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“The Empire of Overseas Companies”

Creation, activities and financial fraud perpetrated by overseas companies with Bulgarian involvement  between 1961 and 2007

The book by Hristo Hristov, an investigative journalist and documentary writer, entitled “The Empire of Overseas Companies” traces the creation and development of companies with Bulgarian involvement during the communist era and their fate after the political changes after 1989 in Bulgaria. The activities of these companies was connected primarily with the siphoning-off of capital from Bulgaria. This was a problem which remained after the collapse of the communist regime and the transformation of the former communists’ political power into economic might during the first years of the transition to democracy.

Hristov establishes for the first time that the government of the Bulgarian Communist Party during the 1960’s created the first overseas companies in the aims of carrying out secret commercial deals. The overseas companies were the instrument through which party and state policies were carried out while the State Security Service was the organisation which concealed the transactions. For example, the first Bulgarian overseas company, “Imekstrakom”, was set up in 1961, in Lichtenstein, by Georgi Naidenov, an officer from the Bulgarian intelligence services. Bulgarian involvement in the company was kept hidden since the Bulgarian communist party used it to carry out the first secret arms deals with the Algerian Front for National Liberation, which was in a state of armed conflict with the French authorities.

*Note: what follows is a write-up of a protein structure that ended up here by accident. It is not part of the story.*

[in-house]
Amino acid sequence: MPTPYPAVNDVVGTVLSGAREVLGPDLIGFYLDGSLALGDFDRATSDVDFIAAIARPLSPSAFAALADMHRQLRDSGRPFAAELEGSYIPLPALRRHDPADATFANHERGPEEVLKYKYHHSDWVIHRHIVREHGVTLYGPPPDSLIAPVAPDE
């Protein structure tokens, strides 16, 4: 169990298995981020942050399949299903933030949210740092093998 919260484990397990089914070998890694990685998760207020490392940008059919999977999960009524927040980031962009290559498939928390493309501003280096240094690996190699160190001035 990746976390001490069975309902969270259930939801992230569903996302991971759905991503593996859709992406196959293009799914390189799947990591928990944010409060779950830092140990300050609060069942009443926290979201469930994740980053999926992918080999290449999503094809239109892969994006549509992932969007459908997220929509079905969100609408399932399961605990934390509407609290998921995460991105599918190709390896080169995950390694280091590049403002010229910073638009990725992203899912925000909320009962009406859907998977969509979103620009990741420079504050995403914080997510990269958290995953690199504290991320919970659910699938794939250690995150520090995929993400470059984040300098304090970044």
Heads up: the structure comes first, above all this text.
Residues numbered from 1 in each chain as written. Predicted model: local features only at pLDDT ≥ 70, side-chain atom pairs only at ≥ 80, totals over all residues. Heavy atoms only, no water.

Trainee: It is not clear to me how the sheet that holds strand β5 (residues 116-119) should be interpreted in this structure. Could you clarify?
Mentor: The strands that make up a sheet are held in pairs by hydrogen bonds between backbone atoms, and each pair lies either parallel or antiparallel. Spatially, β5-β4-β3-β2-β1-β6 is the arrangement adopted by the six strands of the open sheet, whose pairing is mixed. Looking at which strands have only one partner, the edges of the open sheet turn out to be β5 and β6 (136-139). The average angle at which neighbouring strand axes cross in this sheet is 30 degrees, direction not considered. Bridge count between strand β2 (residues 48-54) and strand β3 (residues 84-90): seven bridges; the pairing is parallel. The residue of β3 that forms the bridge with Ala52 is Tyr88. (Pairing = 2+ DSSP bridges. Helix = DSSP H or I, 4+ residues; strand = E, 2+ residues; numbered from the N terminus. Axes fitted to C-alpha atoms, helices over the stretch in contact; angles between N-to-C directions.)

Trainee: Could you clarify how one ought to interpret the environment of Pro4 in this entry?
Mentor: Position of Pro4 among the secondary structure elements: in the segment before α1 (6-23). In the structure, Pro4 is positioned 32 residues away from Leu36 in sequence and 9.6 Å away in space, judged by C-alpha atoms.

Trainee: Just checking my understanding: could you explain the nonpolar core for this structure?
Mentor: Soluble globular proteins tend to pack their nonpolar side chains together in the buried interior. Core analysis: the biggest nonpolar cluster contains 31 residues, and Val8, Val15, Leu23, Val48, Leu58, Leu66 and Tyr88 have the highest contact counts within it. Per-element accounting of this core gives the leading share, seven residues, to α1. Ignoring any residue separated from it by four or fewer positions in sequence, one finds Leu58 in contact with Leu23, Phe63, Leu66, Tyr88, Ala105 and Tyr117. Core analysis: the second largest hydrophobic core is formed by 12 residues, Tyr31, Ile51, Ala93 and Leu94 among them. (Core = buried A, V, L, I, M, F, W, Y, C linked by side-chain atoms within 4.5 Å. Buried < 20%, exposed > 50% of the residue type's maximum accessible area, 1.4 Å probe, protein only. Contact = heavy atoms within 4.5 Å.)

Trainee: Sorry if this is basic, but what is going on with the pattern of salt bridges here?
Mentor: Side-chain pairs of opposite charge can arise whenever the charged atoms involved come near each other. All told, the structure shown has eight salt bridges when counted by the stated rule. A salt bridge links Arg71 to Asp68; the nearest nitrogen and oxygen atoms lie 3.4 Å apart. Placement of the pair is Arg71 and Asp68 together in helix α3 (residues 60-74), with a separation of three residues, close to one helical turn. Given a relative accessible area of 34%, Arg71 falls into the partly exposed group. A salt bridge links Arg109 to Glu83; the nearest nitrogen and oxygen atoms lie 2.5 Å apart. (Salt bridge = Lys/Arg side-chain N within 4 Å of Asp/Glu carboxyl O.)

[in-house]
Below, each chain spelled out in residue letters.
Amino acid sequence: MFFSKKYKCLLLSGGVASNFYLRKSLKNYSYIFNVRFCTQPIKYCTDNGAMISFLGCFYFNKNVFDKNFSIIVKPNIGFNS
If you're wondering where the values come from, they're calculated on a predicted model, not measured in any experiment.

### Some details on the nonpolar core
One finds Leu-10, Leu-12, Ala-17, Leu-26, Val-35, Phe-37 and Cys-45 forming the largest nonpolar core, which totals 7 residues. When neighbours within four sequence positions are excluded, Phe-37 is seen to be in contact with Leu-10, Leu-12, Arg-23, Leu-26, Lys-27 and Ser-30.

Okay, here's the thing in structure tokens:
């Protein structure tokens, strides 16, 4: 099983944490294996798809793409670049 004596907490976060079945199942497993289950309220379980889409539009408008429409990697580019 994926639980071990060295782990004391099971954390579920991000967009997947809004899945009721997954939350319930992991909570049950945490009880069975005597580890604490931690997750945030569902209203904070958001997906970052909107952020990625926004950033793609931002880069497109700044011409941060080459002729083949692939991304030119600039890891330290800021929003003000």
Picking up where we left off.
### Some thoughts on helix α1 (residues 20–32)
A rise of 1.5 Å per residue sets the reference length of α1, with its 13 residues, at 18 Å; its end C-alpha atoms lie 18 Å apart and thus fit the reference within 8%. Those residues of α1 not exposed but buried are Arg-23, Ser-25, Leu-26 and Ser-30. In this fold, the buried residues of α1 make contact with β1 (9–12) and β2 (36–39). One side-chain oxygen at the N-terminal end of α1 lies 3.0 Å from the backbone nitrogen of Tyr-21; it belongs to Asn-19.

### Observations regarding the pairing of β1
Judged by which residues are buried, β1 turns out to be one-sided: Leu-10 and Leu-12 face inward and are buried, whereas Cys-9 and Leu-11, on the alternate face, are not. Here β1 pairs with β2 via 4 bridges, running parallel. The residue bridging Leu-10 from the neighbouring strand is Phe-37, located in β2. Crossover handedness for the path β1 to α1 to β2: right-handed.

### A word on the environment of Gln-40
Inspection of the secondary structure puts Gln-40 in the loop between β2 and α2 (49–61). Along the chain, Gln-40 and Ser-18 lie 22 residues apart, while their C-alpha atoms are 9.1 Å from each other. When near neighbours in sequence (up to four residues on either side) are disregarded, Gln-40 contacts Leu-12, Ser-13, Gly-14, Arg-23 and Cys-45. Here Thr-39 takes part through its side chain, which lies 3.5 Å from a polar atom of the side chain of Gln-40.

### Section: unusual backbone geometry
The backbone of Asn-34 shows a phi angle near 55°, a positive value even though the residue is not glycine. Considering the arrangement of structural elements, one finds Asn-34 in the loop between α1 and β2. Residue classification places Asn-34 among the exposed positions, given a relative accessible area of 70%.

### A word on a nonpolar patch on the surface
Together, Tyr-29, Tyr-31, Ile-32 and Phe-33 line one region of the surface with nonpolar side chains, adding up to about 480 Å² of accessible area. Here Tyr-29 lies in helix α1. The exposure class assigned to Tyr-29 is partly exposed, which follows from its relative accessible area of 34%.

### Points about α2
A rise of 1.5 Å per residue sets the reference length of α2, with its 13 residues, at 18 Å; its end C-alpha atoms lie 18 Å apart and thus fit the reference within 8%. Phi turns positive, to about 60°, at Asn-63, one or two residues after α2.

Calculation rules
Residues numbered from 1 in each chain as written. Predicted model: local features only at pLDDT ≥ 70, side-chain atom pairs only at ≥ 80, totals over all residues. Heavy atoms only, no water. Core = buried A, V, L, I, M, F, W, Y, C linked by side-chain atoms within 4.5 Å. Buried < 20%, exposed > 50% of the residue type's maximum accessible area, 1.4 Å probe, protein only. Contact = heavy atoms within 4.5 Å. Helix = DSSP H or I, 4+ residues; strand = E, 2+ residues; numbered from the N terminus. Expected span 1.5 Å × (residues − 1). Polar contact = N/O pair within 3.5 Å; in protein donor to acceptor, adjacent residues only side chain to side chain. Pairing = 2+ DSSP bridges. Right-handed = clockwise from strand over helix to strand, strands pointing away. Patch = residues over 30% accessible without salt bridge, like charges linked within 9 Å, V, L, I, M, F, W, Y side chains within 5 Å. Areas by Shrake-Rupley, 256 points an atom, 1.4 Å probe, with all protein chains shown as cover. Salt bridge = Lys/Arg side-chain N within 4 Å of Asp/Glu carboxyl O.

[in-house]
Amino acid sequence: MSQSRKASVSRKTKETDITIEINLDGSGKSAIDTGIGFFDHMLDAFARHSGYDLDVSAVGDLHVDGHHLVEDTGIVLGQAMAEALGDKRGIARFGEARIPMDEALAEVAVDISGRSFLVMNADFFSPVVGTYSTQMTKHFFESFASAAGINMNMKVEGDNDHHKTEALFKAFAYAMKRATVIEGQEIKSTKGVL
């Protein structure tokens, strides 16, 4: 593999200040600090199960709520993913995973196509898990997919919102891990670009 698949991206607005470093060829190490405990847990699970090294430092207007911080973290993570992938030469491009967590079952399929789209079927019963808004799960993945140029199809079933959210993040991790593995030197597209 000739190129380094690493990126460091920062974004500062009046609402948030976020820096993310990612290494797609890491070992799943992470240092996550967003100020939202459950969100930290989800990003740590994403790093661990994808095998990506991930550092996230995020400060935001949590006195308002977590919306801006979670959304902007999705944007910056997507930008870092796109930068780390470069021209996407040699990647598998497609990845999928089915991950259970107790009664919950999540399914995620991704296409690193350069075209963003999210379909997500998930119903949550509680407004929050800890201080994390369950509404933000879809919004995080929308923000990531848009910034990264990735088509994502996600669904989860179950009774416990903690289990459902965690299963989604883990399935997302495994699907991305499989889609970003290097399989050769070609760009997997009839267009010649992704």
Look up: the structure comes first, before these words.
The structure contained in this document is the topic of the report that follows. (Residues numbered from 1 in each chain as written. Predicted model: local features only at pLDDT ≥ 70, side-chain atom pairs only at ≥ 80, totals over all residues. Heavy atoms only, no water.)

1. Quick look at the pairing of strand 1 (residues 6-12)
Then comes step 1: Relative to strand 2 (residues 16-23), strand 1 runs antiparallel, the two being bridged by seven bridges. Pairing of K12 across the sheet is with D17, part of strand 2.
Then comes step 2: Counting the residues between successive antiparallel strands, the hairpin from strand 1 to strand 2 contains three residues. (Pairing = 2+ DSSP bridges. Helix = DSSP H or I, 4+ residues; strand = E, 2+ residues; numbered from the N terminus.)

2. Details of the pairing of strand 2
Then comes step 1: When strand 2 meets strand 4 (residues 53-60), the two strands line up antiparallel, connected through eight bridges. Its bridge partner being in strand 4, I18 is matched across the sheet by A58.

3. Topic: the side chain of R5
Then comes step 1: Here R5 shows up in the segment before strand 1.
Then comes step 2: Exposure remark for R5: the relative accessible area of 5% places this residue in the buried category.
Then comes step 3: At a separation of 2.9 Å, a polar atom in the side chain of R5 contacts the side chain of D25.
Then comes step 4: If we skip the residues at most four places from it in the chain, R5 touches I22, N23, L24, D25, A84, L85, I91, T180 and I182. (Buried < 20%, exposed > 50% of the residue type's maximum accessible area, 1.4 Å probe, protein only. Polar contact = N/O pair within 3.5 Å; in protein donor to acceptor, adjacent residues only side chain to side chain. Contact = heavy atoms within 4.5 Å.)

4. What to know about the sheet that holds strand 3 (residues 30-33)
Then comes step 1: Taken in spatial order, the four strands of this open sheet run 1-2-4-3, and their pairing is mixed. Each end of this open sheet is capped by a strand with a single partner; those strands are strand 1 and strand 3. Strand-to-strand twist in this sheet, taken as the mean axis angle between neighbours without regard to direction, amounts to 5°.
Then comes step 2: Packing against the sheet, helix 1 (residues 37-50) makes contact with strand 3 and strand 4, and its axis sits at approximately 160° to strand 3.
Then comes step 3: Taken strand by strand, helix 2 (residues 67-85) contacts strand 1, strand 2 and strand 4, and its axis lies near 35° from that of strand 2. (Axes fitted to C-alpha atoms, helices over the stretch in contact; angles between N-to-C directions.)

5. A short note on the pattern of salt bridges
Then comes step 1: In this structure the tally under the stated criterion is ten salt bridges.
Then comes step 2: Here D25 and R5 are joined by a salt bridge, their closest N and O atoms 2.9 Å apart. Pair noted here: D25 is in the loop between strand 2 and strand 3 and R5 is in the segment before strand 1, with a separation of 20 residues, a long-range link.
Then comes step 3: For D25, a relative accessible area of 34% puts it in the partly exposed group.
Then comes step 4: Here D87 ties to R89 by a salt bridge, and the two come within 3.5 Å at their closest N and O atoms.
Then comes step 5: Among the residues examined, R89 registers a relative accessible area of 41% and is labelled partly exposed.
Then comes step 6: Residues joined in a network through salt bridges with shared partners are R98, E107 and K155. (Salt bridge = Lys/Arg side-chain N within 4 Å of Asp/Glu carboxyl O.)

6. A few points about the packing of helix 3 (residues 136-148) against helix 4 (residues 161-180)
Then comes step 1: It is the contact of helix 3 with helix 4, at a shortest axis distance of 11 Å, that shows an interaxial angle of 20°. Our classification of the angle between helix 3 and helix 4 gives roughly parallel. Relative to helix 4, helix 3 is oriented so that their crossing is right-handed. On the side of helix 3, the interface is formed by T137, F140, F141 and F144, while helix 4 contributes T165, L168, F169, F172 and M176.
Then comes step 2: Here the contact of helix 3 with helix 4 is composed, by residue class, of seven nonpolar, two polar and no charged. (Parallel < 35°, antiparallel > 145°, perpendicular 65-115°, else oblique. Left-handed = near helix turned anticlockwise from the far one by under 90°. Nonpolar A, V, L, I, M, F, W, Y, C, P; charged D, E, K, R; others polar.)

This company marked the beginning of the empire of overseas companies which at the end of the communist era was more than 450 in 70 countries throughout the world. Created under the pretext that they were needed to conquer new markets, these companies were registered initially in a number of developed Western countries and other countries of the Third World. After the collapse of communism they became one of the channels for extracting national capital from Bulgaria.

The study shows that no less than 712 million dollars were invested for the purposes of setting up these companies, and the necessary increases in constitutional capital to cover up for their losses. In 1991 it was established that approximately 1 billion US dollars of non-declared profits were still in bank accounts in foreign banks around the world. The Bulgarian state has still not been able to recoup these monies.